The 0xPARC ecosystem is preparing the first generation of ZK crypto toolstacks for generic, practical, and production-grade usage, by generalist developers. Through rapid experimentation in the past 12-24 months, 0xPARC has also uncovered and set in motion many of (arguably the majority of) ZK use case categories actively being iterated on today. These include:

In turn, these use cases have created incentives and feedback loops for what may turn out to resemble a “Moore’s Law” of improvement in underlying ZK technology and infrastructure. We are starting to see an explosion of innovation at all levels of the stack. By some napkin math:

  • ZK systems have become about 100x more performant over the past two years, with no signs of this performance trajectory slowing in the near future (see https://personaelabs.org/posts/spartan-ecdsa/)
  • Development velocity for existing developers has improved tenfold (*).
    • (*) Estimating development velocity is inherently qualitative, but the “tenfold” claim comes from what we’ve observed on the ground with developers over the past two years. Reasons for this speedup include: better documentation and educational materials (such as learn.0xparc.org), libraries (such as circom-ecdsa), tools (such as zkrepl, hardhat-circom, nova-scotia), and more.
  • The level of expertise required to build substantive applications using ZK has dropped drastically (**).
    • (**) One interesting trend from the past several years is that the capital expenditure necessary to put ZK apps into production has gone down from tens-of-millions to hundreds-of-thousands of dollars. This is largely due to the fact that a team interested in doing production-grade work involving ZK no longer has to build the entire cryptographic library and infrastructure layers from scratch. Instead, they rely on open-source, generic, and increasingly robust toolchains (several of which are supported and/or maintained by 0xPARC!).

The number of active ZK application developers has likely also increased about tenfold over the past two years, though even so this would only be from dozens to hundreds. But, most importantly of all, I believe that the number of people who could be using ZK effectively at the application level has likely grown by more than 100x (*).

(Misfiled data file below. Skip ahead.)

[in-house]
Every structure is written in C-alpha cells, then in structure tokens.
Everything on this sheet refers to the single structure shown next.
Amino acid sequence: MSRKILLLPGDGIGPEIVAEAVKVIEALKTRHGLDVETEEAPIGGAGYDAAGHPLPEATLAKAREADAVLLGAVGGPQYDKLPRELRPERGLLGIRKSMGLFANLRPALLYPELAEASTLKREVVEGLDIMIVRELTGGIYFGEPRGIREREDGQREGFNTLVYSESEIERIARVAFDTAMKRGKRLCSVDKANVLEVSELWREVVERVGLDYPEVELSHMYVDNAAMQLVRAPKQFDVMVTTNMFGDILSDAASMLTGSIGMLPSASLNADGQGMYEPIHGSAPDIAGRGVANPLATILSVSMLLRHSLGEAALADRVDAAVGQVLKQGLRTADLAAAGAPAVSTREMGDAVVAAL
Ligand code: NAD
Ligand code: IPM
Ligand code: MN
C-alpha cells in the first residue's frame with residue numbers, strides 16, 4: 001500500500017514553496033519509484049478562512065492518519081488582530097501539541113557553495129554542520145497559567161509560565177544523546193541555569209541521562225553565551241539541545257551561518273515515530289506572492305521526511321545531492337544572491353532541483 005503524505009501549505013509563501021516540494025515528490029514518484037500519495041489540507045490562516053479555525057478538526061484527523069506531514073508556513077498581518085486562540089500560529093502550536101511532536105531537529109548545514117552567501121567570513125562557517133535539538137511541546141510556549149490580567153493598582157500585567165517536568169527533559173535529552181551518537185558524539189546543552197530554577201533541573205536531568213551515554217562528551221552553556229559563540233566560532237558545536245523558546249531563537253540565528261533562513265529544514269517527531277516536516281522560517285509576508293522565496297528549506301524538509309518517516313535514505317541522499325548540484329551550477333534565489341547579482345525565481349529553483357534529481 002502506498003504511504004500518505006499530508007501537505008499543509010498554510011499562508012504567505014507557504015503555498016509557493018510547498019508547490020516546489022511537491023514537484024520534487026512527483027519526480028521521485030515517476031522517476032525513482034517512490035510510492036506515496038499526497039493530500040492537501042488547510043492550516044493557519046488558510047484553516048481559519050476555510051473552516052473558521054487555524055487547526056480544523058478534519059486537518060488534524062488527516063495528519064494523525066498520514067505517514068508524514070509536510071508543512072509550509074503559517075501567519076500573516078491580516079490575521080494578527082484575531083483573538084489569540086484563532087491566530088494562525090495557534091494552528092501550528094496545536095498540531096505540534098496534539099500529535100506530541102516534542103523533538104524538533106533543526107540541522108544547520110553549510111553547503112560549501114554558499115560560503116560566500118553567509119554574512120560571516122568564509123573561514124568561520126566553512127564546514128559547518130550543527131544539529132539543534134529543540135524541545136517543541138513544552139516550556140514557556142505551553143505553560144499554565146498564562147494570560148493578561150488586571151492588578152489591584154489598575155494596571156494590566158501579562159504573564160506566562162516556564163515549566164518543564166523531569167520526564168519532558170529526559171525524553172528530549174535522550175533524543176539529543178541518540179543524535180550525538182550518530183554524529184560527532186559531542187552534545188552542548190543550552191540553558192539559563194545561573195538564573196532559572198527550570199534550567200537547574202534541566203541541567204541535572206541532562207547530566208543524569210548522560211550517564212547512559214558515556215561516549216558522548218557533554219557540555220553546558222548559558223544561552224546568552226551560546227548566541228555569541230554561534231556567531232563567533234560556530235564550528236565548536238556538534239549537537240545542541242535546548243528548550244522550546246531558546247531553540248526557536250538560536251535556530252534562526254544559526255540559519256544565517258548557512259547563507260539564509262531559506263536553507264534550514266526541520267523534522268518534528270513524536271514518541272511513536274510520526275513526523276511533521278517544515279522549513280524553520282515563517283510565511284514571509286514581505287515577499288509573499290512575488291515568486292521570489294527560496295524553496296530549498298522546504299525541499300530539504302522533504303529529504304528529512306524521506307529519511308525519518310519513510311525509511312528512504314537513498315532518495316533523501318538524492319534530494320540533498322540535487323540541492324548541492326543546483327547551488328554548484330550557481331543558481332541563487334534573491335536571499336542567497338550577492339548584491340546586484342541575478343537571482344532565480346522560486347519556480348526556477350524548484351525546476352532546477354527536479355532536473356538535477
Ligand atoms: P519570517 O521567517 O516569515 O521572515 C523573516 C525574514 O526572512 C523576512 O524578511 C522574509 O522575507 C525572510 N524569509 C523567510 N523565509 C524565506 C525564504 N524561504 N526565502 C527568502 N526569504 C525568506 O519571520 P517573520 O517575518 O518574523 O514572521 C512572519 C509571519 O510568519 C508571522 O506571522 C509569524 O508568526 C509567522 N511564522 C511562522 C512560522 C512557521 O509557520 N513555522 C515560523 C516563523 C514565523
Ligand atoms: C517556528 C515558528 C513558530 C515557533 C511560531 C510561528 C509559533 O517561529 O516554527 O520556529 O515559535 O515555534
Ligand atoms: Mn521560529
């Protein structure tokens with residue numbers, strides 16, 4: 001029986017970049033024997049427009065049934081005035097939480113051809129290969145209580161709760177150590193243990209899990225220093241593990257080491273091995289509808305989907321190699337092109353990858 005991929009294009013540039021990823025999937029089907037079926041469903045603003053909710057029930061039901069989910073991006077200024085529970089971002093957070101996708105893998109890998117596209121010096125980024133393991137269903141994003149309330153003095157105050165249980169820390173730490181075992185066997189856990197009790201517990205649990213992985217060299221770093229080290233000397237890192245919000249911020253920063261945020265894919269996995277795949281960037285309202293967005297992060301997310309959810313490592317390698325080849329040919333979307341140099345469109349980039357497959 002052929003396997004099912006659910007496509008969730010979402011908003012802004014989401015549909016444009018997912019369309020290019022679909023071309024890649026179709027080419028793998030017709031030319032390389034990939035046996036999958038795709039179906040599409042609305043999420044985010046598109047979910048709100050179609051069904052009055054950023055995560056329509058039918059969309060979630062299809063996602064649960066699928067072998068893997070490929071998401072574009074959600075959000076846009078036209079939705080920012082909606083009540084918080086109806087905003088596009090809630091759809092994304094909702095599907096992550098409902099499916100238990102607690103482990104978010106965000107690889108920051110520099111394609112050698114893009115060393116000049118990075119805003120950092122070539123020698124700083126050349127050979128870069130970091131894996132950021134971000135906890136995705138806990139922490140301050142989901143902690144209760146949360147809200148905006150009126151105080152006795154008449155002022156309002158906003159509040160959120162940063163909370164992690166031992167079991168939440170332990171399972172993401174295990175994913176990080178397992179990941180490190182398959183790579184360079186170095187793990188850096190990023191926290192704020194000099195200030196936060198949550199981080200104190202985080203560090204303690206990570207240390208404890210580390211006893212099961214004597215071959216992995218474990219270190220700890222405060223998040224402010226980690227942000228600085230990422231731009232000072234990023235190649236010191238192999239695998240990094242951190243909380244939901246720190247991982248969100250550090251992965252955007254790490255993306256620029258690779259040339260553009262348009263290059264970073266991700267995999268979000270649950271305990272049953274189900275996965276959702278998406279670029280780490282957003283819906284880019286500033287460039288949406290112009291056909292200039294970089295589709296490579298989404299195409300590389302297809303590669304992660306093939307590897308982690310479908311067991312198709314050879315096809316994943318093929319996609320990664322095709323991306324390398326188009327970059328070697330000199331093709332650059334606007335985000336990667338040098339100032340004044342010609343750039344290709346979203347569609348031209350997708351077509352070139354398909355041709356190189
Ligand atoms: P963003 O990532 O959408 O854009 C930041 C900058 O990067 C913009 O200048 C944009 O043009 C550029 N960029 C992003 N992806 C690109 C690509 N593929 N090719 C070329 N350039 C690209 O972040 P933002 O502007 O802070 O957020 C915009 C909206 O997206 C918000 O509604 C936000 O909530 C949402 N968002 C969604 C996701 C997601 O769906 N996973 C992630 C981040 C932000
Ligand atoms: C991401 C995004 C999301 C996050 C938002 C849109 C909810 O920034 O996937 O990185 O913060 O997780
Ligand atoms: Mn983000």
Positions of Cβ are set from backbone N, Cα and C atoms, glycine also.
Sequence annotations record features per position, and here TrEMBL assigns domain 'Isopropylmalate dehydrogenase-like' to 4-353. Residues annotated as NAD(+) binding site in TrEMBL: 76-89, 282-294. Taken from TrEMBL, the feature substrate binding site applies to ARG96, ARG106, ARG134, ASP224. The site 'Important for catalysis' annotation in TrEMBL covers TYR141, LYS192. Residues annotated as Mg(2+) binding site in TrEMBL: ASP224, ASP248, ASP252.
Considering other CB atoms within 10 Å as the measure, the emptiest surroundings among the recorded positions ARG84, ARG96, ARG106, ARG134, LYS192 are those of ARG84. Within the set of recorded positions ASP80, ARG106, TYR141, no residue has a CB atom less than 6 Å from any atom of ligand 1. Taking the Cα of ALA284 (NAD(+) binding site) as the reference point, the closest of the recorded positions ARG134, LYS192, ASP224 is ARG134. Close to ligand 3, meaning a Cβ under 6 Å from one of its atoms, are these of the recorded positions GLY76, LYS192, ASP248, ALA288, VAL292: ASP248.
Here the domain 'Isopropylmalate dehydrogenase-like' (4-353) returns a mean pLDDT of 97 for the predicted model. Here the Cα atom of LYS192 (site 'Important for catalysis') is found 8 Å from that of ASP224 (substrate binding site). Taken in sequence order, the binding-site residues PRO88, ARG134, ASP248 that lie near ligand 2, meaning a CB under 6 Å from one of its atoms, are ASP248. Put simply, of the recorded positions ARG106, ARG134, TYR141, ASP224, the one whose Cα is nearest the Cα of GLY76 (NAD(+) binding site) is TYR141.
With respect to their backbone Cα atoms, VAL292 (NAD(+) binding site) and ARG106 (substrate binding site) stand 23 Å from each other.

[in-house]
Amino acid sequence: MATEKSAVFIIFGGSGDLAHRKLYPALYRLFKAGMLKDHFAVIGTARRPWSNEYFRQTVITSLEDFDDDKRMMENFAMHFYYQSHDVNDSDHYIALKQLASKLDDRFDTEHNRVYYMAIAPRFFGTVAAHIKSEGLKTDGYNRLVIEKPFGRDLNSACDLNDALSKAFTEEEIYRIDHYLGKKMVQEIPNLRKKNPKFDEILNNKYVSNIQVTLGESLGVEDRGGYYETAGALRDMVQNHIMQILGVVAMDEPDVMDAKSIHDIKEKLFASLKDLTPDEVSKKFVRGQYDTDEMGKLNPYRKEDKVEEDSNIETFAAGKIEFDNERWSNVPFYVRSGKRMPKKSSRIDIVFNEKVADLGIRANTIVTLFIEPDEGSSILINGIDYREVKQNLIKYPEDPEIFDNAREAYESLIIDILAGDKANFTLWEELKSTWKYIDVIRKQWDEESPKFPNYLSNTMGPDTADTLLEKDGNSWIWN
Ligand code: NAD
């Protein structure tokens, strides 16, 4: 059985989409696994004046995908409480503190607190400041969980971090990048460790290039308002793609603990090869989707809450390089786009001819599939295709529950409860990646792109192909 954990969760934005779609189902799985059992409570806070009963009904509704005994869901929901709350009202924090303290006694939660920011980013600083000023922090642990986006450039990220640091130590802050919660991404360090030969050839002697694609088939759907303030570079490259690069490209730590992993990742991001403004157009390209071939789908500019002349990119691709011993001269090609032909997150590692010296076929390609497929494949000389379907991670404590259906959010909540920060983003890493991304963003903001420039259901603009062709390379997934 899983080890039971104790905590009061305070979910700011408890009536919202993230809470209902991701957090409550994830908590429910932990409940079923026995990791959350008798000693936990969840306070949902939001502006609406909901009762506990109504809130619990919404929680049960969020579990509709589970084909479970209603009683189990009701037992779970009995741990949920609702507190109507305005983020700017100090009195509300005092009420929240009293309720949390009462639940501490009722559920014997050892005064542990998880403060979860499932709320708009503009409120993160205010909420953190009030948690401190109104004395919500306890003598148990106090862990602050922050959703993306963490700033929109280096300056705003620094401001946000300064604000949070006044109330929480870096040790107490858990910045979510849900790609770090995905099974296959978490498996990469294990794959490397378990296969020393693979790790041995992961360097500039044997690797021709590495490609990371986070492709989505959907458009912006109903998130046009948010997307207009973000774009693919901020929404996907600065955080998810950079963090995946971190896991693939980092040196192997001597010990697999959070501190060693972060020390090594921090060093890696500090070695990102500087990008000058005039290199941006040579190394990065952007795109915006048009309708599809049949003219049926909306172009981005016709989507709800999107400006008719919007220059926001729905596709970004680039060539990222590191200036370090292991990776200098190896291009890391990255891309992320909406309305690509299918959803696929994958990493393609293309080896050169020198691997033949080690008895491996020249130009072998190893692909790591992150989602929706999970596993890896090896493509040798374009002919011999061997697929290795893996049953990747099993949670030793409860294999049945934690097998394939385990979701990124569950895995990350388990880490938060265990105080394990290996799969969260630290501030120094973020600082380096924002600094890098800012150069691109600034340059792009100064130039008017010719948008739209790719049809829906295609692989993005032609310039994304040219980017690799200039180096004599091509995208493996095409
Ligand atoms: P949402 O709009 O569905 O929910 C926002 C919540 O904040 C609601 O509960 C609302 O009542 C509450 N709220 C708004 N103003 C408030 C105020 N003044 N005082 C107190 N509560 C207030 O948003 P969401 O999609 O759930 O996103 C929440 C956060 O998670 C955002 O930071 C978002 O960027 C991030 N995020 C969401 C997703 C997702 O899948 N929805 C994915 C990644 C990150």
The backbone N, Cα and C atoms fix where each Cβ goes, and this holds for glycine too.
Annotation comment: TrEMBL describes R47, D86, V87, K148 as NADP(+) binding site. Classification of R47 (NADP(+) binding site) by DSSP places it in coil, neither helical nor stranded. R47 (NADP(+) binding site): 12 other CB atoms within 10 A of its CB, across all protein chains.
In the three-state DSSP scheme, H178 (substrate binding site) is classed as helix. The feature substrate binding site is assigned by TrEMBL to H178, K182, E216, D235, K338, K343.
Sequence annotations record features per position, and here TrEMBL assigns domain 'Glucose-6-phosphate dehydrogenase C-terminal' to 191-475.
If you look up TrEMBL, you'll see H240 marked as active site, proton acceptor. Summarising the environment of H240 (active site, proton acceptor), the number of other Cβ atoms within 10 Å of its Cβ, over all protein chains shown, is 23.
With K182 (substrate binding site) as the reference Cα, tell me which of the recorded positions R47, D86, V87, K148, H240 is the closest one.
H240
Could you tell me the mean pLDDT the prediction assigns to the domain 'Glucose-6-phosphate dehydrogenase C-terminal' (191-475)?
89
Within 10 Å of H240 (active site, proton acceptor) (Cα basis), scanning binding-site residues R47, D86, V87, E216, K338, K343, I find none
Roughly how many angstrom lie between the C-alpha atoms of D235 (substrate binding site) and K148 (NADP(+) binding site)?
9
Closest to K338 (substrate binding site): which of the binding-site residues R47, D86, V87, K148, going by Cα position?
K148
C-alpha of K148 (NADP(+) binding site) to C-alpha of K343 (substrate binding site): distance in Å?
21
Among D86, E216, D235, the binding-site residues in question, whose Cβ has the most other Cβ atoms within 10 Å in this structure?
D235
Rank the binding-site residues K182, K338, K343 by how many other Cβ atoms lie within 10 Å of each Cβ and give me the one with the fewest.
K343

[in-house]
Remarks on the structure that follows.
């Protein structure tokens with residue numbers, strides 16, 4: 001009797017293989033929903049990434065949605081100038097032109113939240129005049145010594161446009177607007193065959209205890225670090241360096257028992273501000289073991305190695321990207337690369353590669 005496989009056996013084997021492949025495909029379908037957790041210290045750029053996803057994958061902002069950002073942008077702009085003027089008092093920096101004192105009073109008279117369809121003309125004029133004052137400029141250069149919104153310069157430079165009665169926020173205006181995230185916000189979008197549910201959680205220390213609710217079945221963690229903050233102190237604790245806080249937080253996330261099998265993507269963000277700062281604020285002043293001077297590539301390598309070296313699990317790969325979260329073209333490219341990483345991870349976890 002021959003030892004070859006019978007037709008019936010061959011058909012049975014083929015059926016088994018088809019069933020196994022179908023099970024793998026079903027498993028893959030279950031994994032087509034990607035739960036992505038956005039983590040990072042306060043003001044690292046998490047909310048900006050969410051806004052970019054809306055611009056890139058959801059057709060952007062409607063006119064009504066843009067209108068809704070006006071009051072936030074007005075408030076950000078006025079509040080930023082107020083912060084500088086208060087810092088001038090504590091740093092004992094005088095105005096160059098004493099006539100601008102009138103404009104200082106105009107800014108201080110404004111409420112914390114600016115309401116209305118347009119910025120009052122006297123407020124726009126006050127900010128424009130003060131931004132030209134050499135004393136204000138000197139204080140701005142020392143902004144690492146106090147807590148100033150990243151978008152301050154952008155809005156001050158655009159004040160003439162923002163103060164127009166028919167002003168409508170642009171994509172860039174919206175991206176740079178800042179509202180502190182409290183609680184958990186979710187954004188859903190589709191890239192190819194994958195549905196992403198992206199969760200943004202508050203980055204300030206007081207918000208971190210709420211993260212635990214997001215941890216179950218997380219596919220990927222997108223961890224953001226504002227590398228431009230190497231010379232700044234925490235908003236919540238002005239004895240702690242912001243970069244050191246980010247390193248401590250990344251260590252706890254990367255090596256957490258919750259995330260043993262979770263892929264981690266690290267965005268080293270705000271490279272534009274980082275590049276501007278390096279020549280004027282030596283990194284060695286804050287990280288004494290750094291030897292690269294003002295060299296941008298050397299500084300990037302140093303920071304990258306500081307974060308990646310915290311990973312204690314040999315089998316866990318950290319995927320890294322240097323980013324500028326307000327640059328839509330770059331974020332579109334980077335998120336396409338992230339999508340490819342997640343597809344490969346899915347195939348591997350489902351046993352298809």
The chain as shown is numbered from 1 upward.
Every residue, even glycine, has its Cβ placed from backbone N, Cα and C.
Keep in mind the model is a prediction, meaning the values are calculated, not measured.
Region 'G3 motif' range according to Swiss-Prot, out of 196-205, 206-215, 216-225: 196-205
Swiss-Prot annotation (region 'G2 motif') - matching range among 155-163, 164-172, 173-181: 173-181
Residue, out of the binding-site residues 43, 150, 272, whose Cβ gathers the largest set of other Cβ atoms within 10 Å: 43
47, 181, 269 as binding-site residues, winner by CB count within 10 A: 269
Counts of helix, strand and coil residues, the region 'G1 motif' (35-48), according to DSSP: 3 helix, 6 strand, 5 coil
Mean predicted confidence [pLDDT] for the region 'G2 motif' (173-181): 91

• (*) While 0xPARC does not prioritize vanity metrics, in the past 18 months, nearly $100M in funding (some of the non-profit variety, and some of the conventional investment variety), has gone to people whose initial exposure to ZK came largely if not entirely through 0xPARC. Furthermore, seeing what’s been funded (and just as importantly, what hasn’t been funded because someone simply hasn’t gotten around to building it), makes it abundantly clear that this is but a fraction of the total amount of capital that hypothetically could be allocated effectively toward ZK-enabled efforts.

Why I am running this program

Above all, I’m running this program to put my prior assertion to the test (namely, that the number of people who could be using ZK effectively has grown massively, thanks to the developments of the past two years). Running education / training programs has been a core part of 0xPARC since day one.

Our mission is to unlock the potential of applied cryptography for the world. In light of that, running ZK Frontiers benefits 0xPARC in ways akin to what more conventional organizations (such as companies) might gain from talking to users, and/or watching users use their products. Furthermore, ZK Frontiers provides an opportunity for myself and others at 0xPARC to distill and disseminate our insights on the trajectory of this technology: the milestones, bottlenecks, and what unlocks are still required to realize the potential of ZK technology in production over the next few years. Coming in, you may be an experienced software engineer / architect / leader, but have little or even zero prior experience with cryptography, and cryptography-adjacent technologies. As mentioned above, the maturity of the ZK space is now at a point where you can nonetheless gain a deep understanding and have an impact. This program will help you to understand the most impactful problems in the space, and where they fit into the long-term technological vision for ZK. If you participate, I hope you’ll enjoy it as much as I have designing the program. Best, Brian